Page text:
Sports at any level tend to bring out people’s most competitive instincts, but sometimes that competitive fire is tempered by sportsmanship. Such was the case recently in an important high school baseball game.
According to the Daily Journal, Pitman High School was playing Schalick for the right to go to the South Jersey Group 1 sectional semifinals. NJSIAA rules state that a pitcher can only throw 150 pitches in a five-day span, obviously trying to preserve young arms ..
The Schalick pitcher, Luke Pokrovsky, had pitched on Wednesday and Saturday in their previous wins and was pitching again on Monday. Both the Pitman coach and the Schalick coach were keeping track of the pitch count (as they always do), but they had different numbers regarding the number of pitches thrown.
Pitman coach John Hopely had Pokrovsky at 151 pitches when the Schalick coach, Sean O’Brien, pulled him out of the game, thinking that he had just thrown his 150th pitch.
There was some back and forth and consultation with NJSIAA to clarify the rule, but eventually it was determined that Pitman had the basis for a protest, which, if upheld, would result in Schalick forfeiting the game they had won 5-4.
So what did Pitman coach Hopely do? Nothing. He didn’t protest, he didn’t lobby for the forfeit, he took the loss rather than trying to advance on a clerical error. He had compiled all the necessary documentation but didn’t send it in. He told the Daily Journal, “I don’t feel right,” he said. “It didn’t affect the game.”
He said that not all of his players (and their parents) agreed with his decision, but he said that if the roles were reversed, he would hate to see his players lose a playoff game due to a technicality.
So, Schalick is advancing, but Pitman High School is a winner, too.
Opinions expressed in the post above are those of New Jersey 101.5 talk show host Bill Doyle only.
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These are the best hiking spots in New Jersey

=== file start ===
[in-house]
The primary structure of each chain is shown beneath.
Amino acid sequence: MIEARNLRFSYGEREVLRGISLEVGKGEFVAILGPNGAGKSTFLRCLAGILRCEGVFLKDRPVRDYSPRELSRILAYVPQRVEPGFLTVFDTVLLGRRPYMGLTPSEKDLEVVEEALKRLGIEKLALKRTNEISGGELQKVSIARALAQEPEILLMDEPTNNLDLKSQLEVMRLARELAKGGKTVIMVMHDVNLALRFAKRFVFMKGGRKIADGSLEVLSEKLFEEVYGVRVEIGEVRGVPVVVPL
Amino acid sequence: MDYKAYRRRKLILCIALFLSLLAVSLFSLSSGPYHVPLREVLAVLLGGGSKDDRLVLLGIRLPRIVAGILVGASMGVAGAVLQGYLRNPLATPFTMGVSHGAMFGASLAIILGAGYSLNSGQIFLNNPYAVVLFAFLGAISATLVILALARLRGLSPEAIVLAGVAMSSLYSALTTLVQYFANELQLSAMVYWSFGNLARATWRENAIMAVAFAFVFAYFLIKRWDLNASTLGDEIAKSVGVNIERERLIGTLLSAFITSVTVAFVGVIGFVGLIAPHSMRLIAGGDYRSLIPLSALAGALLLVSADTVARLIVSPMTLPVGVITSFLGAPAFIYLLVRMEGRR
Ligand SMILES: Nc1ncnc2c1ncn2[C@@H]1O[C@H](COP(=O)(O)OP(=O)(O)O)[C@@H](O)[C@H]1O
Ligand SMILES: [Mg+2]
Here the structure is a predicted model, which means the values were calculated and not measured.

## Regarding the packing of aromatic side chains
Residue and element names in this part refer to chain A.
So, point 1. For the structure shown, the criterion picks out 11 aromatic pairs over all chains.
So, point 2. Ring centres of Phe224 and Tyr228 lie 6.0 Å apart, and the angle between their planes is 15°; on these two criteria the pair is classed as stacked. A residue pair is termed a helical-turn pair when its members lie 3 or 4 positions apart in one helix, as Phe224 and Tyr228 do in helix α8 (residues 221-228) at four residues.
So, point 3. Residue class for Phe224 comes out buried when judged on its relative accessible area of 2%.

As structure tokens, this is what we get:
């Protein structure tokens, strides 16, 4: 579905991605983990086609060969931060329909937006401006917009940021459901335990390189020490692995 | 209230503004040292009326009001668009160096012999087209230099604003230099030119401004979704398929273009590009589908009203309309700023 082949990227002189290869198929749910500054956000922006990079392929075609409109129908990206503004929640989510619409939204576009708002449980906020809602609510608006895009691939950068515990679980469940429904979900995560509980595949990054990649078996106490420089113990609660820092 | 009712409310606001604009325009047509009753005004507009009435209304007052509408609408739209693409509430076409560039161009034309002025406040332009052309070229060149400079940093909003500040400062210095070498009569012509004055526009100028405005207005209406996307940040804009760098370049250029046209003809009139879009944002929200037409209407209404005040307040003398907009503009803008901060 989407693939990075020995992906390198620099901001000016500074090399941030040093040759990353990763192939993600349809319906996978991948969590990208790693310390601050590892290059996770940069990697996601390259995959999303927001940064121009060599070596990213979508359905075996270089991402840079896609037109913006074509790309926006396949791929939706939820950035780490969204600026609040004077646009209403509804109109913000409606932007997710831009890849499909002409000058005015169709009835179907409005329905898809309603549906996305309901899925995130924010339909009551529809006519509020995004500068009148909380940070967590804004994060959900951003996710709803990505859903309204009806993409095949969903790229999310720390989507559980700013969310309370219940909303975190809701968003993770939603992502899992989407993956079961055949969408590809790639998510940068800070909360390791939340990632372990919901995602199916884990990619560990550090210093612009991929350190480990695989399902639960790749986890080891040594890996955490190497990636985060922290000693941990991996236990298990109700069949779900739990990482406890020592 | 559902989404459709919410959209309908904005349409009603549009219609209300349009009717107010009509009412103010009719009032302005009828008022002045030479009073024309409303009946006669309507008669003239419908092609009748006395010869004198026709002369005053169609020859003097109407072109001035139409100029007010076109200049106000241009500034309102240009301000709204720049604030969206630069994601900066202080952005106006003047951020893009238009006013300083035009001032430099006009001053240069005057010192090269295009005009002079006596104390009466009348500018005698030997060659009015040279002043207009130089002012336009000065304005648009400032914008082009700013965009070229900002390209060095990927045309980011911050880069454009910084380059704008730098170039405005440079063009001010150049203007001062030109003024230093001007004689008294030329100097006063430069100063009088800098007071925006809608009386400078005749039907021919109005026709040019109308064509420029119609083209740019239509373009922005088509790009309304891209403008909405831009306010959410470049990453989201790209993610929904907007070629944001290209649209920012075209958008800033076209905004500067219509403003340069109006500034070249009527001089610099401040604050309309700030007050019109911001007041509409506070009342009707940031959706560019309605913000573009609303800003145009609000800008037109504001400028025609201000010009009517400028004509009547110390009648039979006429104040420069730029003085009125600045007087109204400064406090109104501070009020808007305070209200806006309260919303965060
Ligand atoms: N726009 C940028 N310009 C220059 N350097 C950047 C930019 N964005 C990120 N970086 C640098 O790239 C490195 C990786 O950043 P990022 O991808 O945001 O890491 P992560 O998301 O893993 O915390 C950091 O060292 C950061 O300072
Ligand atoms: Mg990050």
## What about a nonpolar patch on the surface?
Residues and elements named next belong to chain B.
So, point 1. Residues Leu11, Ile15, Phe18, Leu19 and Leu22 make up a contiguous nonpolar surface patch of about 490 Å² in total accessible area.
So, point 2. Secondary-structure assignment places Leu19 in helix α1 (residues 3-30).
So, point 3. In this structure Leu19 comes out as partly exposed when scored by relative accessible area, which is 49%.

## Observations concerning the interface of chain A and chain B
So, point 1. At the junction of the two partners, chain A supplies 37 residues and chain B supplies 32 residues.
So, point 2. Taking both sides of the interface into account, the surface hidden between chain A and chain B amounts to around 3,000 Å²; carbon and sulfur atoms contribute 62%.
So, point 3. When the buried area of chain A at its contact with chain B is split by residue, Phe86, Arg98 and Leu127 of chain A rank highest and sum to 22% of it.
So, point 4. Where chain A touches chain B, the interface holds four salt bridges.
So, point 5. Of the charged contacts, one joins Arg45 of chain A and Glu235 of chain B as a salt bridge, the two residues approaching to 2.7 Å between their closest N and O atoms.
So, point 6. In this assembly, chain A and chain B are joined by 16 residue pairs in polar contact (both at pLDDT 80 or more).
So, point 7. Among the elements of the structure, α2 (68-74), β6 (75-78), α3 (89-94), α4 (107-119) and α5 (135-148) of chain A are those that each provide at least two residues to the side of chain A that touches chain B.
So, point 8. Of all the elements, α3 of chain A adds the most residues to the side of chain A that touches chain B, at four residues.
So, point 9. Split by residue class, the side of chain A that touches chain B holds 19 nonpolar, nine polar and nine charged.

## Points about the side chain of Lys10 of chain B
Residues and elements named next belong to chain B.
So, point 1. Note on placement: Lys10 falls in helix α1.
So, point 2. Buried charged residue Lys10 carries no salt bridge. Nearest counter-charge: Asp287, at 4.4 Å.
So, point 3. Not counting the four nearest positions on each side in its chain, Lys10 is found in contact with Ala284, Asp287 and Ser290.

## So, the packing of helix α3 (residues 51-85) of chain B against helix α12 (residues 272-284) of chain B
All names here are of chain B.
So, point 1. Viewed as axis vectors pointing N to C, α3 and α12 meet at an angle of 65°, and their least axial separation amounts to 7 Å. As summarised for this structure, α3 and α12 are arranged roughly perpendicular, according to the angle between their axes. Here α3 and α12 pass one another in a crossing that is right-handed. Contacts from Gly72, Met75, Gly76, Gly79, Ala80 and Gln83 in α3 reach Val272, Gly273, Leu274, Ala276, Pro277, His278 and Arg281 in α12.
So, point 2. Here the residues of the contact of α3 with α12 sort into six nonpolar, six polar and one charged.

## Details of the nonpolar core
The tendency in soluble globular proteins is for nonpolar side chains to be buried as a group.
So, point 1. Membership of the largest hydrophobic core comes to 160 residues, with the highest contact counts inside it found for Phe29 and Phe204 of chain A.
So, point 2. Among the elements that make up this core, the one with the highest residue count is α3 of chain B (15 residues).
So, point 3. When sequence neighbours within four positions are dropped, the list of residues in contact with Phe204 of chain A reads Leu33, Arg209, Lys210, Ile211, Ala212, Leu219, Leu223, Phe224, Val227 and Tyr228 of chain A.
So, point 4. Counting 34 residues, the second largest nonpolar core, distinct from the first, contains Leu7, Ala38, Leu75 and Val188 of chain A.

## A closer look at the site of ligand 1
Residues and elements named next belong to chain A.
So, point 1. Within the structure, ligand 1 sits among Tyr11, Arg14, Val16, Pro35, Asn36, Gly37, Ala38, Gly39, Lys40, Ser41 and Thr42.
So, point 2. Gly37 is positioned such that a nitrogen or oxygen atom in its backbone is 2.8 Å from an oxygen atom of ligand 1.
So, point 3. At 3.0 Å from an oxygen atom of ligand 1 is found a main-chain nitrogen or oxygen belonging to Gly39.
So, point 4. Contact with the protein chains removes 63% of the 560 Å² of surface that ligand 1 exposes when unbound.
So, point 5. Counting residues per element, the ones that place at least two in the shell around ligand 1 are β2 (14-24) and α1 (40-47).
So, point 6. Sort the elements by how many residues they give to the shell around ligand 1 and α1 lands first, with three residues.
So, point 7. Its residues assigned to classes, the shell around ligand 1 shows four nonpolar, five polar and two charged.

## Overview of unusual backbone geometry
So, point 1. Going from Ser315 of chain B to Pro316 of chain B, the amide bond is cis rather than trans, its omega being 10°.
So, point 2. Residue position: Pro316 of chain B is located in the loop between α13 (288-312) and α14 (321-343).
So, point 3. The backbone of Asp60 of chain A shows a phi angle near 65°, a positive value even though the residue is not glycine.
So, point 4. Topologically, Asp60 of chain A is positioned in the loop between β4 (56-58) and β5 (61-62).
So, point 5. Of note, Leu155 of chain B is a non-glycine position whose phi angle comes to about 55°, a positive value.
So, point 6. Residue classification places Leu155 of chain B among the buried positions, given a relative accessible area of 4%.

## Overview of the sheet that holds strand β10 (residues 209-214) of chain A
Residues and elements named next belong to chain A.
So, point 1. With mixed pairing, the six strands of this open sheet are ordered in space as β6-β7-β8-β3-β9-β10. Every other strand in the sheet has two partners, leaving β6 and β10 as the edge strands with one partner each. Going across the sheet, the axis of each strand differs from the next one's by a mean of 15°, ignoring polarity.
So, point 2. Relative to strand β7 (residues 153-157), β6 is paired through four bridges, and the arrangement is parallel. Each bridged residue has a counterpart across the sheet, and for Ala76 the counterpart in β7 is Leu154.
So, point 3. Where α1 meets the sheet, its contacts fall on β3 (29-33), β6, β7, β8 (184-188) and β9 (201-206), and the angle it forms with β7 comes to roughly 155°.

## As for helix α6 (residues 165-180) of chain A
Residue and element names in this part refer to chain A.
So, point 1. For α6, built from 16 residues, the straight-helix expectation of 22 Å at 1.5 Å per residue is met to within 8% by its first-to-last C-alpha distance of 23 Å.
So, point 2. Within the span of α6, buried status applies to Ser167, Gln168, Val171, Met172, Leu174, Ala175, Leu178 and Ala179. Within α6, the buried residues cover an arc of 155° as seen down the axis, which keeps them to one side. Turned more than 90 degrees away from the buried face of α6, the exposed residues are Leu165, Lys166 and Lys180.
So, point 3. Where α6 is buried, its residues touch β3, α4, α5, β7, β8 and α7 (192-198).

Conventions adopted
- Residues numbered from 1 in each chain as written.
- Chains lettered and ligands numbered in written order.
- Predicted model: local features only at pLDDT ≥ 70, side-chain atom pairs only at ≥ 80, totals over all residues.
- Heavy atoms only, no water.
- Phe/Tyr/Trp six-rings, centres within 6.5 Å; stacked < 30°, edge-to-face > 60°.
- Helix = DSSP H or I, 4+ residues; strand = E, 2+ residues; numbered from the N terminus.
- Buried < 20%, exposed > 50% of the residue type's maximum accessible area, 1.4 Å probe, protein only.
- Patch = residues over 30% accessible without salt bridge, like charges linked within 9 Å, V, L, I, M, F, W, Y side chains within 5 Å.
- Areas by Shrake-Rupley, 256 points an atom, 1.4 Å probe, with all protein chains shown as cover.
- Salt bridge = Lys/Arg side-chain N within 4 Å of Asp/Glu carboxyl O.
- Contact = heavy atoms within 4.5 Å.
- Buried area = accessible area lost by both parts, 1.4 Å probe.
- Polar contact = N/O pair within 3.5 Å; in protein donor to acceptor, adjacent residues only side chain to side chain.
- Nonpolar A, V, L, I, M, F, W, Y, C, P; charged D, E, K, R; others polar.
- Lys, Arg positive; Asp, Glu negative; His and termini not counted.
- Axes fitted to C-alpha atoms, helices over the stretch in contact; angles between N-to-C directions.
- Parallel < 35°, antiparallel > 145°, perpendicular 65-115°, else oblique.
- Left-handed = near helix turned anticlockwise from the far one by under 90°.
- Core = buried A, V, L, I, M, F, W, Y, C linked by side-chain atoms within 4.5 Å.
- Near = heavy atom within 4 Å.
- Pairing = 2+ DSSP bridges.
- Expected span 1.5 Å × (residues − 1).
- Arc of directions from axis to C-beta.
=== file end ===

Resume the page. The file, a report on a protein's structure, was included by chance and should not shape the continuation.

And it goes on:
A trip to New Jersey doesn’t have to be all about the beach. Our state has some incredible trails, waterfalls, and lakes to enjoy.
From the Pine Barrens to the Appalachian Trail to the hidden gems of New Jersey, you have plenty of options for a great hike. Hiking is such a great way to spend time outdoors and enjoy nature, plus it’s a great workout.
If you are going downhill and run into an uphill hiker, step to the side and give the uphill hiker space. A hiker going uphill has the right of way unless they stop to catch their breath.
Always stay on the trail, you may see side paths, unless they are marked as an official trail, steer clear of them. By going off-trail you may cause damage to the ecosystems around the trail, the plants, and wildlife that live there ..
You also do not want to disturb the wildlife you encounter, just keep your distance from the wildlife and continue hiking.
Bicyclists should yield to hikers and horses. Hikers should also yield to horses, but I’m not sure how many horses you will encounter on the trails in New Jersey.
If you are thinking of bringing your dog on your hike, they should be leashed, and make sure to clean up all pet waste.
Lastly, be mindful of the weather, if the trail is too muddy, it’s probably best to save your hike for another day.
I asked our listeners for their suggestions of the best hiking spots in New Jersey, check out their suggestions:
Every NJ city and town’s municipal tax bill, ranked
A little less than 30 cents of every $ 1 in property taxes charged in New Jersey support municipal services provided by cities, towns, townships, boroughs and villages. Statewide, the average municipal-only tax bill in 2021 was $ 2,725, but that varied widely from more than $ 13,000 in Tavistock to nothing in three townships. In addition to $ 9.22 billion in municipal purpose taxes, special taxing towns that in some places provide municipal services such as fire protection, garbage collection or economic development levied $ 323.8 million in 2021.